This project should have cost $10-25 million, as I described yesterday, but it's already cost an astronomical $93.7 million. Now the Obama administration has to decide whether this "bridge," which is in the process of collapsing into the river, should be repaired, or whether the project should be started from scratch. It's quite possible that there's no choice but to start it from scratch. But either way, it's going to cost many more tens of millions of dollars to get working, if it ever works. And the Obama administration is so desperate to save Obamacare, they'll do anything, no matter how desperate the action.

There's one more thing worth noting: Bertolini talks about "private exchanges" that are springing up in competition with the federal exchanges. This is a very interesting development worth watching. CNBC

Assad says loss of chemical weapons a blow to Syria's morale

It's always nice to know that even genocidal maniacs can have a sense of humor, so it's worth a chuckle that Syria's president Bashar al-Assad said that he should have been a winner of the Nobel Peace Prize. Actually, I've made the same suggestion in the past - that he deserves the prize by exterminating as many innocent people as possible, so there's no one left to fight a war.

However, it's possibly more interesting that al-Assad, who until recently denied that he had chemical weapons, is now saying that losing them would be a loss of morale for all of Syria:

"There is no doubt that the loss of chemical weapons has resulted in a loss of morale and a political loss for Syria. Since 2003, Syria has demanded that the countries in the region dismantle their WMDs, and the chemical weapons were meant to be a bargaining chip in Syria’s hands in exchange for Israel dismantling its nuclear arsenal.

The chemical weapons, which have lost their deterrent value over the past few years, were meant to be used only after Israel used its nuclear weapons.

Today the price has changed and we have agreed to give up our chemical weapons to remove the threat of the US attacking us."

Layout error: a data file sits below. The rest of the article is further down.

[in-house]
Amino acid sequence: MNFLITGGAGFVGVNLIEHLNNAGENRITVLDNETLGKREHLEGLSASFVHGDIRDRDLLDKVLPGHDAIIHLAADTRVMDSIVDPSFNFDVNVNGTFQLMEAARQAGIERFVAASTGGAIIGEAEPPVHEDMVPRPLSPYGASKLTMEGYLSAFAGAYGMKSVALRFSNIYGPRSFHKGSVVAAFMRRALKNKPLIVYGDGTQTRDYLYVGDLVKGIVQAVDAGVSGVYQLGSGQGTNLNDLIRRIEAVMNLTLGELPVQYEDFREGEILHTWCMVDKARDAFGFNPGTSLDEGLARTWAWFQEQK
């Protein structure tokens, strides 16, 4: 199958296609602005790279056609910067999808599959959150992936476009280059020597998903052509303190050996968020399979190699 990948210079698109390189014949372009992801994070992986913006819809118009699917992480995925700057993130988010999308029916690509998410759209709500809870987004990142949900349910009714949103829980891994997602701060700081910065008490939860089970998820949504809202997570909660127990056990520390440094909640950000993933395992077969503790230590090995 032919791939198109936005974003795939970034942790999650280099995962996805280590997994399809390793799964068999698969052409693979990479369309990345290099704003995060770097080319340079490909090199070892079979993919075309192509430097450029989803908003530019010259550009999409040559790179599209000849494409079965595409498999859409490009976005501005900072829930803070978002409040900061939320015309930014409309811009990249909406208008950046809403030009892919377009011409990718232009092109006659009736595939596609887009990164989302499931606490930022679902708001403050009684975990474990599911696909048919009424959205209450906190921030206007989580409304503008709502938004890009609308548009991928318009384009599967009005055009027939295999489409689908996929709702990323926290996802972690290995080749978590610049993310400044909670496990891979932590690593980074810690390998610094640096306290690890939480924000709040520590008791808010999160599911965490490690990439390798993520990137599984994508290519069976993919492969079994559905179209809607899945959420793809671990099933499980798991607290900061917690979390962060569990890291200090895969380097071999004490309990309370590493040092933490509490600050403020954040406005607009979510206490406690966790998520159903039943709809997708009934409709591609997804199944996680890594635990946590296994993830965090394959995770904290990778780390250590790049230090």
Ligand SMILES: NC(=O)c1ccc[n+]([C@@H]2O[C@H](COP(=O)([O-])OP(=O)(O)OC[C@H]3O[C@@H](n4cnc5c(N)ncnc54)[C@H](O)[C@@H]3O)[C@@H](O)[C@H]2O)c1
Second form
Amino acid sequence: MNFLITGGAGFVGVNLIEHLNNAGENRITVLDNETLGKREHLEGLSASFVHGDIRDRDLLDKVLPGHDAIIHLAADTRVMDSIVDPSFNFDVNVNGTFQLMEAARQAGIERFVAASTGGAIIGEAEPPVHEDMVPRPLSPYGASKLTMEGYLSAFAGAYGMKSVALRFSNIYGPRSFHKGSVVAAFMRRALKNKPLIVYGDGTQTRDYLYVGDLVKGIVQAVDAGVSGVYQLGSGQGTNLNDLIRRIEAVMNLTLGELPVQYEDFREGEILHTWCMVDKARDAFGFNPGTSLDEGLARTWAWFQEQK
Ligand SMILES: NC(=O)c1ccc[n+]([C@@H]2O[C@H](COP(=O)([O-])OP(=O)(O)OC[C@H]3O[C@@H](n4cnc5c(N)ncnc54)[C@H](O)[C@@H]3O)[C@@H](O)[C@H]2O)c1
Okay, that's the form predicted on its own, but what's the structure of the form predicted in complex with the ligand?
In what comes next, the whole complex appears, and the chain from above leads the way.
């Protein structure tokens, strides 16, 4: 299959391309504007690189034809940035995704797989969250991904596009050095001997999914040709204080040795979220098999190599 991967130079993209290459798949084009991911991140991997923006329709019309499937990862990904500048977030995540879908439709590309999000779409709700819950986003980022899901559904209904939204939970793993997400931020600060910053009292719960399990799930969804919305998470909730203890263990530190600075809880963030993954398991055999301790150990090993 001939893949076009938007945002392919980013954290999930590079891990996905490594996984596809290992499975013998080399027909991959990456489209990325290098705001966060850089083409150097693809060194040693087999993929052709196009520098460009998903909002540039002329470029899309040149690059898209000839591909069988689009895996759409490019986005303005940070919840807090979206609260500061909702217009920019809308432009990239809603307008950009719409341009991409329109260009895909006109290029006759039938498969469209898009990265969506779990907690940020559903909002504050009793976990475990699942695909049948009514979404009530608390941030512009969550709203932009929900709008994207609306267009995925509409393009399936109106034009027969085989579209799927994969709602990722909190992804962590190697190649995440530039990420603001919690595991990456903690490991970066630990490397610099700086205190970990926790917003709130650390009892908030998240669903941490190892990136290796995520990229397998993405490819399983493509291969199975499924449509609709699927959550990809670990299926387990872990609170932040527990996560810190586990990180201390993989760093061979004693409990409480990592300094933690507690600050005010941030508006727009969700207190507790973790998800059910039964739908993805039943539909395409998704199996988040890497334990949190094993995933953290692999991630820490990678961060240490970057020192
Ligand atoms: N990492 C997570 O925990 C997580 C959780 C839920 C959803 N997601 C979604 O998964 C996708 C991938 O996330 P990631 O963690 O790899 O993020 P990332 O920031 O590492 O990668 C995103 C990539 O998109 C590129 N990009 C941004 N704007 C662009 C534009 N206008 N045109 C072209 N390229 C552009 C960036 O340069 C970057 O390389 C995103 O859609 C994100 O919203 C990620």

So why are they a loss of morale for Syria? Because: "Israel would distribute gas masks to its citizens when there was a rise in tension in the region." Jerusalem Post

EU officials demand more privatization from Greece

Greece was first bailed out for 110 billion euros in 2010 but when that failed, it got a second rescue in 2012 worth 130 billion euros plus a private sector debt write-off totaling more than 100 billion euros. But it still isn't enough. Greece would like to issue bonds in 2014 for 4.4 billion euros, to pay for debts that will come due next year, but Greece's debt is already 175% of annual output, and so European officials are refusing to permit Greece to go even deeper into debt. So there's still a 4.4 billion euro funding gap in 2014, which will have to be made up somehow, and an ECB executive board member puts the figure at 6 billion euros. Instead, the ECB is demanding that Greece sell off more government assets, and privatize more government run businesses. At any rate, European officials will not make any decisions until December. Kathimerini and AFP

(Comments: For reader comments, questions and discussion, see the 15-Oct-13 World View -- Aetna CEO predicts Obamacare IT failures until 2017 thread of the Generational Dynamics forum. Comments may be posted anonymously.) (15-Oct-2013) Permanent Link